These girls, she says, are part of a significant population of Muslim youth either born in New Zealand or raised here since childhood.

"No one has really defined what a Kiwi-Muslim is. Traditionally we have tried to assimilate, now it's about integration.

"We wanted them to know the history of this country, for them to feel like this is their land so they feel a connection and recognise its beauty."

When they asked the girls what they thought they needed to do to feel more connected with New Zealand, outdoor activities were high on the list. They found a willing teacher in Kate Parr, an outdoor education instructor who specialises in first-time experiences.

Parr runs First Step Outdoors, which offers people a chance to try new things at a basic level in a safe environment.

She brought in other female instructors and everyone worked together to learn, take risks and have fun. "The girls are fantastic, they rise to any challenge - a lot of them have never had these kinds of opportunities," she said.

This month's ski trip, which involved 30 girls and six instructors, stood out as the highlight of the programme so far.

Somali-born and New Zealand-raised Khatra Omar declared the snowboarding "awesome" but exceptionally difficult to master.

The 17-year-old has notched up 16 of her 17 years in New Zealand, and is part of a large Somali community in Hamilton that has witnessed more than its share of intolerance over the years.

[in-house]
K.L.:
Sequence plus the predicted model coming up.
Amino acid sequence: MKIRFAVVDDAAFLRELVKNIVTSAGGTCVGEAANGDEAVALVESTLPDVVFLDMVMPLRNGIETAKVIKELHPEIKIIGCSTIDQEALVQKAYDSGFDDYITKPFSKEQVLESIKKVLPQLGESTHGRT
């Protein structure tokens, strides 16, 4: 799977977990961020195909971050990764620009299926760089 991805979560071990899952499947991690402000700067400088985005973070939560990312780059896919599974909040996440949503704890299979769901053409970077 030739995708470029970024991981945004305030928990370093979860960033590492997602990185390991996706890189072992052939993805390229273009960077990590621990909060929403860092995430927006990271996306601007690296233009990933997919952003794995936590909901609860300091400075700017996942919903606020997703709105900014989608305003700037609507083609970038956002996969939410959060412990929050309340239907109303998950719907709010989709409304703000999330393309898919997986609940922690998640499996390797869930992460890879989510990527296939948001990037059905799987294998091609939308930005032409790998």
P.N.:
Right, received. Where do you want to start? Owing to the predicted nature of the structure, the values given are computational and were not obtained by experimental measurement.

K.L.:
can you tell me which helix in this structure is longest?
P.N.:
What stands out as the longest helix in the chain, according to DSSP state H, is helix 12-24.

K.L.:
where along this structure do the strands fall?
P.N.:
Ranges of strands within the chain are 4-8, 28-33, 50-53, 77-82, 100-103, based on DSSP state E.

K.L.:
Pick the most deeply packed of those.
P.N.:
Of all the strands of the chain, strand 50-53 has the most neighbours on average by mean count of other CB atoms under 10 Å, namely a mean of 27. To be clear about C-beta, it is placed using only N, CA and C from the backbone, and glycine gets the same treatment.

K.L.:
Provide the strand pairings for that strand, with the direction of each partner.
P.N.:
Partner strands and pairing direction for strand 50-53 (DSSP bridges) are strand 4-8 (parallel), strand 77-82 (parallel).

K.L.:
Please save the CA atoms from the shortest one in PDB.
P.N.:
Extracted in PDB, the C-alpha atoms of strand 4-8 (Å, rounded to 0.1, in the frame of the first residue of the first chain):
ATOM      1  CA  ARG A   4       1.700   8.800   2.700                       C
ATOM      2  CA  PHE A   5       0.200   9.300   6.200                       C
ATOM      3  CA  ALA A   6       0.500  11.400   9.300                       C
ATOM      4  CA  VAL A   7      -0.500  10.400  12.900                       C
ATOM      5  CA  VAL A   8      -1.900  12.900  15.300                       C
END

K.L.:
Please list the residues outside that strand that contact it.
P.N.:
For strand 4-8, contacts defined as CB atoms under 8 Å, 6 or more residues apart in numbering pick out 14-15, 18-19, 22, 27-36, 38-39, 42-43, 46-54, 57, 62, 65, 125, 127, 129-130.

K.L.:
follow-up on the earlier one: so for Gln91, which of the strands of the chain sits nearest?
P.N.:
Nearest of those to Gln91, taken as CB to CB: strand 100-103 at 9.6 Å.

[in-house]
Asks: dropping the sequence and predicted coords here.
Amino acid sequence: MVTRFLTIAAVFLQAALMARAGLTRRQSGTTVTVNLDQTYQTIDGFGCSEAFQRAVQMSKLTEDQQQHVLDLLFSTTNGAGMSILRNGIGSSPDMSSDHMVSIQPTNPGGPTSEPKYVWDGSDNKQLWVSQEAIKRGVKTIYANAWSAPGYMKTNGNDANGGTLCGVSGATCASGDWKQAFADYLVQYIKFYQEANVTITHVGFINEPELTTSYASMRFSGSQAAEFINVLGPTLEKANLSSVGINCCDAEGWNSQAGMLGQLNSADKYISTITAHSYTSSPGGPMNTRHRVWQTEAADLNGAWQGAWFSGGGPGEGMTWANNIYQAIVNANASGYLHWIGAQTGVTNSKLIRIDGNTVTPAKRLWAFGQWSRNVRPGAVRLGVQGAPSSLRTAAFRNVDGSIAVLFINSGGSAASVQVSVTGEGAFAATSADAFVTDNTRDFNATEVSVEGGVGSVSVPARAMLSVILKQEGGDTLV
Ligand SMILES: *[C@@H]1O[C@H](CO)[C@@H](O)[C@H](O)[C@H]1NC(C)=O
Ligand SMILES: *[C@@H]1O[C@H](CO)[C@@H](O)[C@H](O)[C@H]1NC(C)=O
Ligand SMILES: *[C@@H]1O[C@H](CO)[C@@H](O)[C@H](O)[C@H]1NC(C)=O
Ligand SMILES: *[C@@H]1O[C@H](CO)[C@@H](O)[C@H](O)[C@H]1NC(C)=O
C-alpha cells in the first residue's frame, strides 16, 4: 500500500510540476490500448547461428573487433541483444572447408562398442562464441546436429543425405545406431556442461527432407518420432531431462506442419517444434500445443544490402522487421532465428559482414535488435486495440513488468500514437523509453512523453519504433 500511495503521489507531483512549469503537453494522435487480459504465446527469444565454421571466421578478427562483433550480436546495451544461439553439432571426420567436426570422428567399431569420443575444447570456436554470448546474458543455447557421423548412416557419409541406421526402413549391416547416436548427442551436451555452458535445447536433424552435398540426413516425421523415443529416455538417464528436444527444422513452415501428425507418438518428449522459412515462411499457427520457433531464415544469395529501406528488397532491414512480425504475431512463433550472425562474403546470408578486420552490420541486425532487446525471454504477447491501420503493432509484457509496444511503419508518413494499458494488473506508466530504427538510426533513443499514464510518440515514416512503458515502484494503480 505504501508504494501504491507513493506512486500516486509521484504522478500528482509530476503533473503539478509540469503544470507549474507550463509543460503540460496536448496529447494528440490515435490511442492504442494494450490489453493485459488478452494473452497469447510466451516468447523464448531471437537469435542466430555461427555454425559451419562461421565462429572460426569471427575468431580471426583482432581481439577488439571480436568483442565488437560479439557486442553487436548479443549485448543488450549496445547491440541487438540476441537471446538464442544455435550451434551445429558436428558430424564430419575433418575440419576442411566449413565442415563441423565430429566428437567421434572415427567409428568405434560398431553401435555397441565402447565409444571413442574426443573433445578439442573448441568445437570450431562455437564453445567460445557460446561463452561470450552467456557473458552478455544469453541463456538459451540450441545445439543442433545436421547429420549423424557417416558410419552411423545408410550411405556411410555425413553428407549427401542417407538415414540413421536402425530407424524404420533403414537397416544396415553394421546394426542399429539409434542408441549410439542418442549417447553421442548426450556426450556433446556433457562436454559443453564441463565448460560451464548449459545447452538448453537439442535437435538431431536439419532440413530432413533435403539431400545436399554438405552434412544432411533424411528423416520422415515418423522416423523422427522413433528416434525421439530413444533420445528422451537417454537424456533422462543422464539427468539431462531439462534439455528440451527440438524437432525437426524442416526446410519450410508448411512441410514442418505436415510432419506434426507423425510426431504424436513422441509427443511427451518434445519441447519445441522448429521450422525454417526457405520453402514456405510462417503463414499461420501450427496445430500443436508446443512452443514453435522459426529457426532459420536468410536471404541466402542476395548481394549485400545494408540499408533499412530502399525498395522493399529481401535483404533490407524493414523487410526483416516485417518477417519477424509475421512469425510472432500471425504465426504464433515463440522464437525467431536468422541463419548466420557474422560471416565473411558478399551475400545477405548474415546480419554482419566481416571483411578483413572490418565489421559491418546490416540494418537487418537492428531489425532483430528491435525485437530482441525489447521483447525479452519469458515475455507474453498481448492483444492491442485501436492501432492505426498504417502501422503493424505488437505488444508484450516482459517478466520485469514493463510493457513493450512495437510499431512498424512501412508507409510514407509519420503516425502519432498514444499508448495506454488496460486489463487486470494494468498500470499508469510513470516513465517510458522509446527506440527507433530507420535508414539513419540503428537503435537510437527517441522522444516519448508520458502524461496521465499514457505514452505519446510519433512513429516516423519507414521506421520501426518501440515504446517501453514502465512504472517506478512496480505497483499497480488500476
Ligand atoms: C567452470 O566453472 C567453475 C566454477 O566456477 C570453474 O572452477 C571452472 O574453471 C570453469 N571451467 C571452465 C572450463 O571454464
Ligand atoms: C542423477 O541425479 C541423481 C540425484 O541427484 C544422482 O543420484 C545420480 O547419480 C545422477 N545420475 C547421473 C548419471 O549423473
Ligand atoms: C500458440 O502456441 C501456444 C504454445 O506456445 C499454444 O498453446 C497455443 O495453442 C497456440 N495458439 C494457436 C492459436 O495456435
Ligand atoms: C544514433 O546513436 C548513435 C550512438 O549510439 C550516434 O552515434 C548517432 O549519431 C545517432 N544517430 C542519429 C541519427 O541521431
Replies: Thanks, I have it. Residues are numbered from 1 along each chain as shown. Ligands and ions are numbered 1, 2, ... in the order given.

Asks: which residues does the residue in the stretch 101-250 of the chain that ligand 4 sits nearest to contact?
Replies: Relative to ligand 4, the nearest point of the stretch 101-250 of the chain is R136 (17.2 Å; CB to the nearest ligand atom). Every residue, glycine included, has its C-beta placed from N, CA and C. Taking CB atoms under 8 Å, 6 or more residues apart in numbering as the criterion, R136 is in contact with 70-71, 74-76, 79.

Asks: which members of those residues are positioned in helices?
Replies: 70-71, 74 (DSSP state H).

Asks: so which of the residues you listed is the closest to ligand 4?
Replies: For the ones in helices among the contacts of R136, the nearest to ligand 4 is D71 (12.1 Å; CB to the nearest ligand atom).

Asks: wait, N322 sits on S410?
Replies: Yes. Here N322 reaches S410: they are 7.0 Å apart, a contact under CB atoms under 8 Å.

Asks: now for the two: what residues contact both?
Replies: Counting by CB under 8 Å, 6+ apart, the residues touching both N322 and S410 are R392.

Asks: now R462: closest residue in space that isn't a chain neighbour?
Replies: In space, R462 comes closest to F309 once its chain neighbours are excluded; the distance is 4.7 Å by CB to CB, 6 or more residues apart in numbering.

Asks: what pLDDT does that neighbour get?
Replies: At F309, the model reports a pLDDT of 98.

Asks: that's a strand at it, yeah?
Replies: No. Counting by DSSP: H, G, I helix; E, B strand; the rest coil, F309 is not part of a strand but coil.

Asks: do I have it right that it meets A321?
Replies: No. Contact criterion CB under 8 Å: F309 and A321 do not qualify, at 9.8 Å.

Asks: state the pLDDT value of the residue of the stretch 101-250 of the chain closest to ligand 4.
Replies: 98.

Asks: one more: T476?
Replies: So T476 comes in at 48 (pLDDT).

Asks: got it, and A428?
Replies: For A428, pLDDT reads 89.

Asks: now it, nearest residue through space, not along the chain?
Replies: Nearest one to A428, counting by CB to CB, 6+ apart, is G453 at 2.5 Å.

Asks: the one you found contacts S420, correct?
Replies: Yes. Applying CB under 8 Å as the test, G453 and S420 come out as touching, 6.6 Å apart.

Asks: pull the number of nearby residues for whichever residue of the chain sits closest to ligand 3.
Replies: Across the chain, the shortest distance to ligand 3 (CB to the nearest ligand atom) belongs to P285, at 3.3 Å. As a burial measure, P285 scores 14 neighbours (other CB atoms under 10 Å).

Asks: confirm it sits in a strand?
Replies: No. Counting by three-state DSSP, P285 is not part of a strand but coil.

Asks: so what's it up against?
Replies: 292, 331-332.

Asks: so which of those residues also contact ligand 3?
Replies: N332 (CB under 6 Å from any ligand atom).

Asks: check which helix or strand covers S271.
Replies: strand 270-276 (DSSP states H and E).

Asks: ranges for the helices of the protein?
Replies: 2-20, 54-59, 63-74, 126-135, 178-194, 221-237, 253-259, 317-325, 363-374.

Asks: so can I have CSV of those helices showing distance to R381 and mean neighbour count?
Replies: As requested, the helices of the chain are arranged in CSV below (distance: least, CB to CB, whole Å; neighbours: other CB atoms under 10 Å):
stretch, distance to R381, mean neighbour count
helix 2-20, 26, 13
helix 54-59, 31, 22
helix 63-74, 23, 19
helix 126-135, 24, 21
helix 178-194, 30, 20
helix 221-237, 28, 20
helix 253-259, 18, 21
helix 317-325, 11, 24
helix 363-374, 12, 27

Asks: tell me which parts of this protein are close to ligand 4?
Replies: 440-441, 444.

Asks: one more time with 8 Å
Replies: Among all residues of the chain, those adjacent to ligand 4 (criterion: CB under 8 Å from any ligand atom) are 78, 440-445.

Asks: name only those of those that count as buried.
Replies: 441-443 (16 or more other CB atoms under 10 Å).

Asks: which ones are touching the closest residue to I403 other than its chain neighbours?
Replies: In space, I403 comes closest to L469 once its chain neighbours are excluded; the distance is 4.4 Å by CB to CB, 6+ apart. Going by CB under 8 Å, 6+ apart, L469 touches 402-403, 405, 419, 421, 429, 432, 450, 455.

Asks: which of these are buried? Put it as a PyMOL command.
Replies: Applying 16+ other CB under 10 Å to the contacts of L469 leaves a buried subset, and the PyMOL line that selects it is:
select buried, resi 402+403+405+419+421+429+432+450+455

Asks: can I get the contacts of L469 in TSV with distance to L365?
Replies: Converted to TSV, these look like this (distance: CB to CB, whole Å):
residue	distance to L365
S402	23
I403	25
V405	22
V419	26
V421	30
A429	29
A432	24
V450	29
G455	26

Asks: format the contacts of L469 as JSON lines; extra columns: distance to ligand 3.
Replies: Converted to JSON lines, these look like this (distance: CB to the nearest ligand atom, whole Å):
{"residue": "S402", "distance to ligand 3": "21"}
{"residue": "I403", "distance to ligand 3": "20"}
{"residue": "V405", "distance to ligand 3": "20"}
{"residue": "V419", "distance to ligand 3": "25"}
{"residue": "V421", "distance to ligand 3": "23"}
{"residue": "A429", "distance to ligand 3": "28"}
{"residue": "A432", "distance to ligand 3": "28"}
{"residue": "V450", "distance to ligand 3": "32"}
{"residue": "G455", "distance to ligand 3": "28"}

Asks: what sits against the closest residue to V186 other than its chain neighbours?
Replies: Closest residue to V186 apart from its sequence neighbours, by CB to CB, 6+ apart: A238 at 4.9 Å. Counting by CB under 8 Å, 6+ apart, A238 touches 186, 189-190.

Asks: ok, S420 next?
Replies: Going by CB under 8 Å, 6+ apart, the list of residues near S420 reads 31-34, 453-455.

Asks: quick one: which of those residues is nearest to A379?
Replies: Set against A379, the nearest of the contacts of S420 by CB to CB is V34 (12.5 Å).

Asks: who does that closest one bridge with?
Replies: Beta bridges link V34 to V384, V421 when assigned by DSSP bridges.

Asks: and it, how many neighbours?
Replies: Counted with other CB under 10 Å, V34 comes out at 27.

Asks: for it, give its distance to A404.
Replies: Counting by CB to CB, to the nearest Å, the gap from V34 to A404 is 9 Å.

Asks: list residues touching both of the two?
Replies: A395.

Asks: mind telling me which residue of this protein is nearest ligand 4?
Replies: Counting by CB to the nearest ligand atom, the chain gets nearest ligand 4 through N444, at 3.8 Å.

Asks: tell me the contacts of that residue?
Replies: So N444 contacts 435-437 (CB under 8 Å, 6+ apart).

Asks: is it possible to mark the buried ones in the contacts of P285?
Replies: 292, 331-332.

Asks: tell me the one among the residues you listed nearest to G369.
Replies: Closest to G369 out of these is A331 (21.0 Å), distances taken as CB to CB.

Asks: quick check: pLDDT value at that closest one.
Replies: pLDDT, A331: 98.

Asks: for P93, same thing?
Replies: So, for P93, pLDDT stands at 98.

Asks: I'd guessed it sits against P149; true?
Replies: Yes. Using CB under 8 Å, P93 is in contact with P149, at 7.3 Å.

But Omar says most people are "pretty good" and is wise to what it takes for everyone to get along. "The more they understand, they more accepting they become."

The girl, who wears a delicately beaded headband over a black hijab, believes the camps she has attended have helped support her and make her into a better person, with greater understanding of cultures other than her own.

In the outdoors an all-female, all-Muslim group has its own distinct dynamic. Parr says the girls do not feel any pressure to perform and instead use the group's support to extend themselves. Over time they have learned to trust her more, gained confidence and have even done better at school.

Ali says she's mostly learned about herself. "It made me confident enough to know I could do anything and be comfortable. We had the confidence but we didn't know we had it."

The other girls sit cross-legged on a mat at the Hamilton mosque and nod their agreement. Each has, at some point, made the decision to wear a headscarf as an outward sign of their Islamic faith.

It creates, they say, a sense of identity as well as fulfilling a religious requirement. As Rahman puts it, it's about saying the physical form is not what is important about them.

"It's about identity, breaking away and doing what you believe is right, being more reliant on yourself."

For Eman Hepburn, a Pakeha Muslim, it is how she feels most comfortable.